10 minutes with Bob Croslin

Interviews with Photographers February 21, 2012 8:49 am
When did you first know that you wanted to be a photographer?

 

I spent most of my time in high school hanging out in the darkroom skipping class. I was a punk-rock kid who photographed my friends skateboarding, and the darkroom was a place I could hide from the jocks and rednecks and develop film and be creative. I was bored in high school,  but I had an amazing photography teacher that would let me hang out in her classroom. When I graduated, several of my friends became pro skateboarders. Because I was the guy with the camera, I became their official photographer. I shot ads, and occasionally had an image run in Transworld or Thrasher. I almost never got paid. It quickly became apparent I wasn’t going to be able to make a living as a skateboard photographer. This was the late 80’s-early 90’s when “extreme” sports weren’t a multi-million dollar enterprise. I met my wife Leslie and she was headed to the University of Florida. I decided to tag along and I ended up in journalism school. That changed everything. I met many amazing people that opened my eyes to the potential of photography. That’s when I fell in love with telling stories with a camera.

 

Bob Croslin

Bob Croslin

Bob Croslin

 

Who were some of the first photographers that inspired you?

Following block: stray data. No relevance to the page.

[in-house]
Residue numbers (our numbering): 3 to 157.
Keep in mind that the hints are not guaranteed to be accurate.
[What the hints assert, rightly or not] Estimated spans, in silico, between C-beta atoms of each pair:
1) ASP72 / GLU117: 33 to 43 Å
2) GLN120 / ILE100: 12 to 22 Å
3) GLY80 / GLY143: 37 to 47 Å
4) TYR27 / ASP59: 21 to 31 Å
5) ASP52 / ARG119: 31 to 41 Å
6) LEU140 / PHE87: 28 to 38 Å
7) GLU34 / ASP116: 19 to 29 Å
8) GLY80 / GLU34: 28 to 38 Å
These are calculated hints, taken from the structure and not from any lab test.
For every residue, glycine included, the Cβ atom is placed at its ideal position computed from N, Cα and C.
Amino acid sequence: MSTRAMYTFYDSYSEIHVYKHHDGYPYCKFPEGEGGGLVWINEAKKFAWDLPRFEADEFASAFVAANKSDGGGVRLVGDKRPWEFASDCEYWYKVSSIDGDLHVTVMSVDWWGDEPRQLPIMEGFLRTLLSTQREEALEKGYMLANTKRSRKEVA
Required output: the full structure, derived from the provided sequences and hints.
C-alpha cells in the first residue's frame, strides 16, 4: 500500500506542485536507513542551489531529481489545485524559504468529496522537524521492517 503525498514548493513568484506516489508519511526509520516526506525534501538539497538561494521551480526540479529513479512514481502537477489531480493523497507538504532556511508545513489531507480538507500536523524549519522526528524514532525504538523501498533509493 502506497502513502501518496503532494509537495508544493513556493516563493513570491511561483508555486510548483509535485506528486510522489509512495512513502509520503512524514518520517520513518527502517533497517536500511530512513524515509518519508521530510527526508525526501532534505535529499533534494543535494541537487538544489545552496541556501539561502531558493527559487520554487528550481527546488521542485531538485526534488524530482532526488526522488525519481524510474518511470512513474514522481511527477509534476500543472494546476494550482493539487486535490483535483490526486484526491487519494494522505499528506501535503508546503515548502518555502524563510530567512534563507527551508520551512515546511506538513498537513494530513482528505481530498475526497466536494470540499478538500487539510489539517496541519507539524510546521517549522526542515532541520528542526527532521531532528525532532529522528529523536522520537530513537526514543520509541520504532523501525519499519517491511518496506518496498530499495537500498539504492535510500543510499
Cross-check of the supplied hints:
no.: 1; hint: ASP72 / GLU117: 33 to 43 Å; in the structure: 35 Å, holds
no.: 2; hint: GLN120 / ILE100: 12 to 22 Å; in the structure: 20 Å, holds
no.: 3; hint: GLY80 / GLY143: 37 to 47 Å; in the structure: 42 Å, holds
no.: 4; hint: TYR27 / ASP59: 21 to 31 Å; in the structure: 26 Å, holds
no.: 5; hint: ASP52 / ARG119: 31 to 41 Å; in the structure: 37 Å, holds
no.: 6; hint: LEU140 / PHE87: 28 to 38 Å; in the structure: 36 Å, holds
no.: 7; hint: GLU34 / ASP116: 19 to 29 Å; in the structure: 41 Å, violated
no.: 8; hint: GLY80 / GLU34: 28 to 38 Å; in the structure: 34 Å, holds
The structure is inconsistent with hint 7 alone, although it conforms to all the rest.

The two that inspired me most I met in college and continue to inspire me to this day: Robert Browman who helped found MediaStorm and VII member Stephanie Sinclair. Other photographers that helped shape my photography are J Grant Brittain (the father of modern skateboard photography), Alex Webb who’s FL work blew my mind, Richard Avedon, Mary Ellen Mark and Sally Mann.

 

 

Bob Croslin

Bob Croslin

 

If you could go back ten years, what advice would you give yourself?

 

It’s a marathon, not a sprint. We’re hard-wired for instant-gratification, but building a career doesn’t happen overnight. You have to wake up everyday willing to do the hard work. Just because you’ve landed a big commercial job or a feature spread in a magazine, doesn’t mean other jobs are going to come flooding in. Everyday you push the rock a few feet up the hill whether it be through marketing, shooting personal work or networking.

 

 

Bob Croslin

Bob Croslin

 

Bob Croslin

Bob Croslin

 

Any words of wisdom for the up and comers?
Lots of people have talent, but it’s the hard work that sets you apart.

 

 

(Bob is based in Florida. See more of his work, here)

7 Comments

  • This is awesome. Bob’s a good guy and a great talent. It’s nice to see him getting recognition.

  • Bob’s work is great, thanks for posting! His comments about putting in the work are right on the money. Its easy to feel comfortable when you land a new big job… but its that exact moment when you need to tell yourself that you can’t stop working hard.

    Props to Bob on the killer portfolio!

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